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State Workers Facing Layoffs

Davis signed off on $1.1billion in payroll cuts, but he has made few. Thousands could lose jobs by Christmas if Schwarzenegger acts.

October 19, 2003|Jeffrey L. Rabin | Times Staff Writer

It's one more item on the list of state budget headaches that Arnold Schwarzenegger is inheriting: To keep the current year's budget in balance, the new governor may need to lay off thousands of state workers -- just in time for Christmas.

That prospect exists because the current budget, which Gov. Gray Davis signed in August, counts on saving $1.1 billion by reducing state payroll costs. The savings were supposed to come from a combination of layoffs, leaving vacant positions open and renegotiating union contracts.

During the summer, the Davis administration notified about 12,000 state workers that they could be laid off. The state has approximately 200,000 employees, not including people employed by the state university systems whose jobs are not covered by the spending-reduction plan.

Davis, who was seeking support from state workers and their unions in the recall campaign, did not follow through on the layoffs. So far, fewer than 500 workers actually have been let go, and administration officials agree that the governor has little incentive to lay off anyone else in his remaining weeks on the job.

"I don't think there is going to be much of that for the next month," said state Personnel Director Marty Morgenstern.

That leaves Schwarzenegger with the tough choice of whether to accept a billion-dollar hole in the budget or to terminate thousands of state workers, a move that could be politically difficult and harm California's economy by increasing unemployment.

Schwarzenegger is to be sworn in as governor in mid-November. If he issues the required 30-day notices of layoffs right away, workers will lose their jobs during the holiday season. If he delays, more workers will have to be cut to accumulate the required savings by June 30, the end of the fiscal year. Already, a quarter of the fiscal year is gone, and the state is nowhere near its target for payroll reductions.

"There are a number of issues related to the state budget that the governor-elect is going to have to address," said H.D. Palmer, a spokesman for Schwarzenegger. "This will be one of them."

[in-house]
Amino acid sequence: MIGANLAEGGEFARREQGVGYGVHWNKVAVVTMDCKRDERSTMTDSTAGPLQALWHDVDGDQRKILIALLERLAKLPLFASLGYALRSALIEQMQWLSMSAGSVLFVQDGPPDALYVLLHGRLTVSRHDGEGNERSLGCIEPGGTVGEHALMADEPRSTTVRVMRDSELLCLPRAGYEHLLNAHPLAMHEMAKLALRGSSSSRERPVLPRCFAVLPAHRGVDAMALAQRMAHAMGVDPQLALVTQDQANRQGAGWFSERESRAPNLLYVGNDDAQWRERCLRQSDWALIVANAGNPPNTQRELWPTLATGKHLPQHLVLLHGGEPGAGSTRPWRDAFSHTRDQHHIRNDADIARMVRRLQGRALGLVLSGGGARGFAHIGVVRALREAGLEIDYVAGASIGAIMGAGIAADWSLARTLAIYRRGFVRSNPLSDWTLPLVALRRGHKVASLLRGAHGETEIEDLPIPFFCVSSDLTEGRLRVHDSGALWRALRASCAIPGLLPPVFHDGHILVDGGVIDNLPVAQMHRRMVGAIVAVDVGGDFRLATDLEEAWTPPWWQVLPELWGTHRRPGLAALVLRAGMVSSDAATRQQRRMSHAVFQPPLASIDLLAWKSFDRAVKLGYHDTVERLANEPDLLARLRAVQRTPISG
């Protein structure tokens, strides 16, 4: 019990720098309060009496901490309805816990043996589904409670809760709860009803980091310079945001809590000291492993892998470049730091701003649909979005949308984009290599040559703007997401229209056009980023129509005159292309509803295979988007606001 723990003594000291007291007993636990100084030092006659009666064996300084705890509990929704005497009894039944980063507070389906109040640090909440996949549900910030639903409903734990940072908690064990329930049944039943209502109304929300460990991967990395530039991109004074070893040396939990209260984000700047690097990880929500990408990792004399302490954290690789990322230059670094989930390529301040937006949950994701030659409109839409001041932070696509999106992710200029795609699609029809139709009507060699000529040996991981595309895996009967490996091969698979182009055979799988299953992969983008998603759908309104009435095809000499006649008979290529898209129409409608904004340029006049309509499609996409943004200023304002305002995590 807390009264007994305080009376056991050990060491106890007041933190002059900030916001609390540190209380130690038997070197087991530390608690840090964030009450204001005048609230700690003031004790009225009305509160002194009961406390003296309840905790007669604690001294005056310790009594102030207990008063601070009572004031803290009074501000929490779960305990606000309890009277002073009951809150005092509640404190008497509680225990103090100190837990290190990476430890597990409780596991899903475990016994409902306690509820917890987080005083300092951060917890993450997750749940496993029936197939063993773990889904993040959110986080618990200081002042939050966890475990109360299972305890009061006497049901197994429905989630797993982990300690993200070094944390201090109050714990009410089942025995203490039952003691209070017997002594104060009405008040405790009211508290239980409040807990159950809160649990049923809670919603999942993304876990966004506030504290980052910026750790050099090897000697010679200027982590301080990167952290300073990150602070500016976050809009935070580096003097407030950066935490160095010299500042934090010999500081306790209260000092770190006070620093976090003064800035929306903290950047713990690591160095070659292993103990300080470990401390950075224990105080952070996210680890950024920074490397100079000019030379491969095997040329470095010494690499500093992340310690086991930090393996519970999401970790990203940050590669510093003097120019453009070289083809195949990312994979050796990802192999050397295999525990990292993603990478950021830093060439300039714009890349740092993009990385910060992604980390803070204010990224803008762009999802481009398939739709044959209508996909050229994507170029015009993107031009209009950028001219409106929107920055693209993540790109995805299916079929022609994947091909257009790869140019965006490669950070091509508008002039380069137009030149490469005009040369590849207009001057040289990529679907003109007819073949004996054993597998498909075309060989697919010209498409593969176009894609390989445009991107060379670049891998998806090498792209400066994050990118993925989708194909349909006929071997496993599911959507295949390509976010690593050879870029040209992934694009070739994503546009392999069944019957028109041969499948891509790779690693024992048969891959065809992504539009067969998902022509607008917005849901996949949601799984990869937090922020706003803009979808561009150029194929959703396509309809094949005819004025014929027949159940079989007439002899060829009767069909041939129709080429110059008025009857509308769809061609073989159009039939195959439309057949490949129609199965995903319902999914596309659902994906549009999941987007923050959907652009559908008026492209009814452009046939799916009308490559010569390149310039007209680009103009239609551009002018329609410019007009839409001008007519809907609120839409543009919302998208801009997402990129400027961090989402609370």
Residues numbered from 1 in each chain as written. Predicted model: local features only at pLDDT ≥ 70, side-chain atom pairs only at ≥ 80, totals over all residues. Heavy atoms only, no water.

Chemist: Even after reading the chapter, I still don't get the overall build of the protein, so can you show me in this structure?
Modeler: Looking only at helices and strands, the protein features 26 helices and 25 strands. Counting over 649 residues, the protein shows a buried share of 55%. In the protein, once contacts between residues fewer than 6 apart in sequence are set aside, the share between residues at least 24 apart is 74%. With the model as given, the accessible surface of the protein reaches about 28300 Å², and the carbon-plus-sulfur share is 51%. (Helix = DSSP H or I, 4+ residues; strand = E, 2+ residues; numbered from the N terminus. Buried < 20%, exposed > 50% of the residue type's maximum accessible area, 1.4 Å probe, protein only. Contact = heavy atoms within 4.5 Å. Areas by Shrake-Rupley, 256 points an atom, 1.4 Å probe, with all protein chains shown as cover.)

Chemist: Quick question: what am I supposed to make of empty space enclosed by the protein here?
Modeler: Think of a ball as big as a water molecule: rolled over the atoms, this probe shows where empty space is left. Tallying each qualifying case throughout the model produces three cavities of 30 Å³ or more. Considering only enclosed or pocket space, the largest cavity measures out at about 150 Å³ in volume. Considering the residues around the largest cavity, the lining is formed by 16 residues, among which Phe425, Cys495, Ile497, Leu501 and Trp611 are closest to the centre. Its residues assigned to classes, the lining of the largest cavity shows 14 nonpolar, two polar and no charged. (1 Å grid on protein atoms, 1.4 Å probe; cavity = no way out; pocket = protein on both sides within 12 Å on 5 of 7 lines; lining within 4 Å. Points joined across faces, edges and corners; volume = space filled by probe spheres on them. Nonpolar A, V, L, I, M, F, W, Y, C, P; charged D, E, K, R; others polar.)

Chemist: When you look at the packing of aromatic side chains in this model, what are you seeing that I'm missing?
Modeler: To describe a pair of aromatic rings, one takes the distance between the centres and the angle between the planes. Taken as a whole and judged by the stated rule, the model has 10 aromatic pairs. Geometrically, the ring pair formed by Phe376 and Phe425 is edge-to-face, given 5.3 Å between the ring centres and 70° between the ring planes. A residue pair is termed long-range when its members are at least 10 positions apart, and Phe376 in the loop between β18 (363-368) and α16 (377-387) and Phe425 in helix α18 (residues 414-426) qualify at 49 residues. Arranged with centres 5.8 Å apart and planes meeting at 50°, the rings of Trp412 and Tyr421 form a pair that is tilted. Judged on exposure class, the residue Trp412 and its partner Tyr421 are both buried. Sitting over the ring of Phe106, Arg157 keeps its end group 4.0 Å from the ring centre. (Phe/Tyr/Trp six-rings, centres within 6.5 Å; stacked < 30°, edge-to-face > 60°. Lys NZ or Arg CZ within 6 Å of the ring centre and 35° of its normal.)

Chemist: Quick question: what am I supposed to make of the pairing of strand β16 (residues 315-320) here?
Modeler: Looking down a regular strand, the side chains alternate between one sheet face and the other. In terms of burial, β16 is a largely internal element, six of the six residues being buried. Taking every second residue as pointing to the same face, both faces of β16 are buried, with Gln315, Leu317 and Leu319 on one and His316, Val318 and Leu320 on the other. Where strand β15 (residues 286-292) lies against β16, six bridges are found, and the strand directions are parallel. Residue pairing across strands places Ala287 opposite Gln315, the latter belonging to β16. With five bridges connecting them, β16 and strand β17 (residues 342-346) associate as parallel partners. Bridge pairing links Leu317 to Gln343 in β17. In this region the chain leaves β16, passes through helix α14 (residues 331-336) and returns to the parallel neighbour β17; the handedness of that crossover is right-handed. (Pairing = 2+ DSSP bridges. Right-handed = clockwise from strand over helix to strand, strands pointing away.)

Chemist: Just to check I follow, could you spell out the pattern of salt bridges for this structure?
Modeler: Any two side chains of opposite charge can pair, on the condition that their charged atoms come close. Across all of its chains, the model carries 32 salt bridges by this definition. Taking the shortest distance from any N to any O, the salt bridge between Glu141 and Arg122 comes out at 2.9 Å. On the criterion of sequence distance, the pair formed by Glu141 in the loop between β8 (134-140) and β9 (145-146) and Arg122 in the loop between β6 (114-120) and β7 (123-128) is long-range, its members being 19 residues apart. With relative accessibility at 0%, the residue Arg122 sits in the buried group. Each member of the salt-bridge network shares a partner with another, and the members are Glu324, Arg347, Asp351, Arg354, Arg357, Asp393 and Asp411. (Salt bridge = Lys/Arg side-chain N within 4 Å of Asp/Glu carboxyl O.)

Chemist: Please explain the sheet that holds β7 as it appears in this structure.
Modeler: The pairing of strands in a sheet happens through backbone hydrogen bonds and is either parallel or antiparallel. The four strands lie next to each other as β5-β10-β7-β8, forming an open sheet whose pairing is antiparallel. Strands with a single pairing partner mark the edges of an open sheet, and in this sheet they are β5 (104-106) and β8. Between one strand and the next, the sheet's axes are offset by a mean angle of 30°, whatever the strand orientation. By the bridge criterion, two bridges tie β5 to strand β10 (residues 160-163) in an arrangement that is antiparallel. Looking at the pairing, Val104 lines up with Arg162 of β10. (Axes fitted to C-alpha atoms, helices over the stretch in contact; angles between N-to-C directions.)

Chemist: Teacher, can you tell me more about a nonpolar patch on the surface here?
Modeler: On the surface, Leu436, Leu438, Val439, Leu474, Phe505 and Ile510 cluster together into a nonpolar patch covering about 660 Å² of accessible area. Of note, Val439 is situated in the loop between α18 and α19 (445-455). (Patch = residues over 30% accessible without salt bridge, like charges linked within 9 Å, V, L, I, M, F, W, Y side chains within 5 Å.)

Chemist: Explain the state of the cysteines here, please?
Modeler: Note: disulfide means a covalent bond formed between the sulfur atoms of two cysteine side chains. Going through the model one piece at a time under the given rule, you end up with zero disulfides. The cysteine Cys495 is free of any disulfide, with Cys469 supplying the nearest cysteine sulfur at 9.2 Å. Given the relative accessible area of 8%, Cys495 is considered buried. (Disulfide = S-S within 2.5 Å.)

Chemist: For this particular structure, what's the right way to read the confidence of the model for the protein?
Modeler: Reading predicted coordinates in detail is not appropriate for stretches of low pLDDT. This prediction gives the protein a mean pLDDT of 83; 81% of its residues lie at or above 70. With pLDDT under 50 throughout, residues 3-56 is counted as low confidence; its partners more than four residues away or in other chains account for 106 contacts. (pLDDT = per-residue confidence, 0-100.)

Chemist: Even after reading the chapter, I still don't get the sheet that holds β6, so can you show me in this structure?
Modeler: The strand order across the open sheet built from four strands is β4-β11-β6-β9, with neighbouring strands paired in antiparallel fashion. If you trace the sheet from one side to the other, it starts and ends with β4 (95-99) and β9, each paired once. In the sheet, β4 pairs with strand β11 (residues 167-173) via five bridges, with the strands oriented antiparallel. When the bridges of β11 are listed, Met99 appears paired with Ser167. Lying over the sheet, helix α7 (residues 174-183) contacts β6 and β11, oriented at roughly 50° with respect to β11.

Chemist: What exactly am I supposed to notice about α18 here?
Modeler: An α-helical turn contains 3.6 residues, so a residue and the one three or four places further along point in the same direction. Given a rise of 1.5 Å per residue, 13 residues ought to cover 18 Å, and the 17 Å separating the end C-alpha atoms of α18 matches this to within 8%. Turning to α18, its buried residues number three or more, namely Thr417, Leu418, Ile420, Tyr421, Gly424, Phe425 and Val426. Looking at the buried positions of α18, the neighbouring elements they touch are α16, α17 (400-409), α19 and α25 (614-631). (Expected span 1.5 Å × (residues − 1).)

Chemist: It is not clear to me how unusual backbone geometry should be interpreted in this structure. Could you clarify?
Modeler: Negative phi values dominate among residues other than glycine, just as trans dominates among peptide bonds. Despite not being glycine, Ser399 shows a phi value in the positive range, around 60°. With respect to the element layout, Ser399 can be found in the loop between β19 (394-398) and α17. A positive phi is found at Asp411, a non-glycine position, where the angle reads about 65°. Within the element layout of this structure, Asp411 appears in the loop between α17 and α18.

Palmer noted that the budget passed by the Legislature and signed by the governor last summer is law unless it is changed. It requires a reduction in state spending on its workforce.

State Budget Director Steve Peace said Friday that most departments of state government have prepared spending reduction plans that he has approved. But the Department of Personnel Administration also must review layoff plans before the final 30-day notices can go out to employees. Morgenstern said most decisions on whether to proceed with the layoffs would fall to the next administration.

"If he came in here and continued with our procedures, some of these layoff could occur during the holidays," Morgenstern said.

During the campaign, Schwarzenegger said one way he would cut spending would be to renegotiate pay and benefit packages for state workers. One of the planks in his 10-point plan for his first 100 days in office calls for him to "renegotiate state employee union contracts to get better deal for taxpayers." He has provided no details.

Jim Hard, director of the California State Employees Assn.'s civil service division, said the new two-year contract, which expires June 30, 2005, does not allow Schwarzenegger to unilaterally reopen negotiations with the union, which represents more than 90,000 state workers. Under the contract, the union -- not the governor -- has that right, he said, adding that the union would agree to do so only if it benefits the workers.

But Schwarzenegger may have some leverage in the decision: Reopening negotiations to cut pay and benefits could mean fewer layoffs.

The prospect of layoffs has created "tremendous concern" among state workers, Hard said. "The issue of layoffs is our No. 1 issue," he said. "He's going to come in and have to deal with it. It's very bad for our membership. We're very, very concerned."

Hard said he had sent a letter of congratulation to Schwarzenegger after the election and had offered to discuss ways to reduce the number of layoffs. To date, the union has not received a response from the governor-elect's transition staff. The association is affiliated with the Service Employees International Union, one of the biggest supporters of Davis during the recall campaign.

Unlike Davis, who drew his major financial support during the recall from unions, Schwarzenegger refused to accept donations from organized labor, noting that, as governor, he would have to negotiate with unions that represent state workers.

Economists who study California's labor force also have expressed worries about the possible effect of layoffs. The UCLA Anderson Forecast of the state economy has noted that concentrated layoffs of large numbers of state and local government employees could slow economic growth.

That, in turn, could reduce state revenues, worsening the budget picture.

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